Figure 5: US residual emission plot. Despite significant inter-annual volatility for the years 2009 through 2013, the residual anomaly given by the intersection of the red lines is near zero. The projections for the years 2014 and 2015, suggest the emission intensity anomaly for the period 2009 will be overall positive, reflecting an increase in the emission intensity of the economy, despite the much vaunted shale-gas revolution. The notes below  outline some of the causes for projected changes in US emissions in the next few years.
Going by US Energy Information Agency – or EIA – and World Bank projections, the next few years are not looking much better. The EIA predicts US energy sector emissions will rise again by 1.4 per cent this year (2014), before falling marginally in 2015. On the basis of World Bank assessments of GDP growth, the six-year average for the period 2009 though 2015 is set to be at or above trend (i.e., a slightly positive residual), in spite the much vaunted shale-gas revolution.
In reality, the emission reductions achieved by the US have resulted from sliding down the emission lock, rather than moving off it.
So much for the for the role of gas as a climate bridge.
While it might seem unrelentingly gloomy in terms of the climate implications, the concern in my talk at Norway was not entirely pessimistic. I was at pains to show that one country in particular had seemingly broken free of its emission lock, and it had nothing to do with gas.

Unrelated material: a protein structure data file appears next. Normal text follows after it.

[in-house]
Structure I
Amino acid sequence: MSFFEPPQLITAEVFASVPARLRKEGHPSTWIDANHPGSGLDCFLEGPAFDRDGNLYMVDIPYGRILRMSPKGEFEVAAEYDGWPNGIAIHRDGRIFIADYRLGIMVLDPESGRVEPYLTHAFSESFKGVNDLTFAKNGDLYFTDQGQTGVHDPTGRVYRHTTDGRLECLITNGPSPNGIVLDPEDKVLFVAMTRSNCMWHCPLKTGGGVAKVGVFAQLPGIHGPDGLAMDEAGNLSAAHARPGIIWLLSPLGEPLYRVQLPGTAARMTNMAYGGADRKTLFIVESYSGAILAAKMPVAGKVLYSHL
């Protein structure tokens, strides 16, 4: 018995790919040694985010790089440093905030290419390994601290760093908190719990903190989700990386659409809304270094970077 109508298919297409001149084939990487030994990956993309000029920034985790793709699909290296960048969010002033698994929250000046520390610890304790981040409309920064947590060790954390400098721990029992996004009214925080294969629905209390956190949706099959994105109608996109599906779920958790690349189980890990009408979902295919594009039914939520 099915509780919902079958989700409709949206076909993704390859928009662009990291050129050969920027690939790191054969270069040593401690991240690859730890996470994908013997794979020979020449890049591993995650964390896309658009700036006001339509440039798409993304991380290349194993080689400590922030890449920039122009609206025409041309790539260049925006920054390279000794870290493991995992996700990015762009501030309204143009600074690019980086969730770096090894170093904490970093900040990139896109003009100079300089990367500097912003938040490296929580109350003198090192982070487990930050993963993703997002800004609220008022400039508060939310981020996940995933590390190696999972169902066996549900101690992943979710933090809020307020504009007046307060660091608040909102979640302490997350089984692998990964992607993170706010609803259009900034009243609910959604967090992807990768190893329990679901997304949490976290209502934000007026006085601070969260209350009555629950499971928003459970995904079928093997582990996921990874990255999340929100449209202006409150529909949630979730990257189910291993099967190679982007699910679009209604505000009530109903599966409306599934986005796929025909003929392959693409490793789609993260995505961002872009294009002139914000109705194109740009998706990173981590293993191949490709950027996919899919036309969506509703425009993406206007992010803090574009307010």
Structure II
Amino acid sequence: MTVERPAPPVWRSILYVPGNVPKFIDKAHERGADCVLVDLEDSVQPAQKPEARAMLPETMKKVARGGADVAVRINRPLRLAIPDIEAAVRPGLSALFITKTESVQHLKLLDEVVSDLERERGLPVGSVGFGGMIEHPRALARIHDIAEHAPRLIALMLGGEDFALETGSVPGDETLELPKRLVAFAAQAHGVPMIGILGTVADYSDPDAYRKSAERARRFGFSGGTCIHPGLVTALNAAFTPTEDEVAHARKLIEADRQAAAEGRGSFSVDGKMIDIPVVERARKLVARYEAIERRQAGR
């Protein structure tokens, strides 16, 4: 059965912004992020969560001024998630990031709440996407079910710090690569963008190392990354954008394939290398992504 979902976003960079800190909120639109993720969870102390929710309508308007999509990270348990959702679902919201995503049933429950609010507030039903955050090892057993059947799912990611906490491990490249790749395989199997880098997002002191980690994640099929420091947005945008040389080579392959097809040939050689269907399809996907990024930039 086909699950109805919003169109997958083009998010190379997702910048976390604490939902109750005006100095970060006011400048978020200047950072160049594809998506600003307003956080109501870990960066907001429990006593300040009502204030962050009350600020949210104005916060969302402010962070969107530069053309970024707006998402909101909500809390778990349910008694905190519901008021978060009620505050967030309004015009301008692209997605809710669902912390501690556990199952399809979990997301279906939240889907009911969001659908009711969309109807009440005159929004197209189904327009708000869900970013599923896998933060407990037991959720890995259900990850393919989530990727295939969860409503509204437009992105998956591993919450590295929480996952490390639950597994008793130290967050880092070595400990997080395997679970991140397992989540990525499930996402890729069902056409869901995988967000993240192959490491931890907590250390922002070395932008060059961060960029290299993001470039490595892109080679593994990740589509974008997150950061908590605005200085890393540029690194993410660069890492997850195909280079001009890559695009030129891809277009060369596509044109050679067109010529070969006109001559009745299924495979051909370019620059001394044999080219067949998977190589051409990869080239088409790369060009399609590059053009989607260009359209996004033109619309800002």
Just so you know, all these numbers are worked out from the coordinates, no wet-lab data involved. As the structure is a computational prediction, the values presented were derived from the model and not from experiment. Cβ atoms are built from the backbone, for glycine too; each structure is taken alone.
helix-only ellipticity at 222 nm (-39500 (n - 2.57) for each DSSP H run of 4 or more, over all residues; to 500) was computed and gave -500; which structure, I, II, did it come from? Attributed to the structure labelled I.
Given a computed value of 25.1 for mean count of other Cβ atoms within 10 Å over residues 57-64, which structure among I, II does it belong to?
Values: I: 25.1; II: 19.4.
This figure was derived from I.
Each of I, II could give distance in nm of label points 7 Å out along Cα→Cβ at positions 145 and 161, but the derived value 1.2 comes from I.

The country in question was Australia.
One year further on, with an updated dataset courtesy of the latest release of BP’s Statistical Review of World Energy, the evidence is now even more clear.
Figure 6: Australian emission data plotted as function of GDP in annual percentage change terms. The black line is the best fit for the period 1982-2013. The red lines intersect at the averages, and span the ranges, for the period 2009 through 2013.
Figure 7: Australian residual emission plot. The residual anomaly for the years 2009 though 2013 (shown by the intersection of the red lines) is negative, and approaches the long term climate ambition of -4% as shown by the green line.
For four out of the last five years Australia’s energy sector emissions growth has been negative. In contrast with the US, the residual emission anomaly for the 5-year period is signficantly below trend at -3.4 per cent (absolute -2.4 per cent), despite the factor of two higher GDP growth (average 2.5 per cent)
Sadly Australia’s emission intensity is set to start rising again, potentially at alarming rates, as key emission reductions policies are unwound by the current government.
That places the US, Australia and the whole world literally between a rock and a hard place. And every good geologist knows that gas is very much the stuff of soft rocks.
Mike Sandiford is a professor of geology and director of the Melbourne Energy Institute at the University of Melbourne.
Mike Sandiford does not work for, consult to, own shares in or receive funding from any company or organisation that would benefit from this article, and has no relevant affiliations.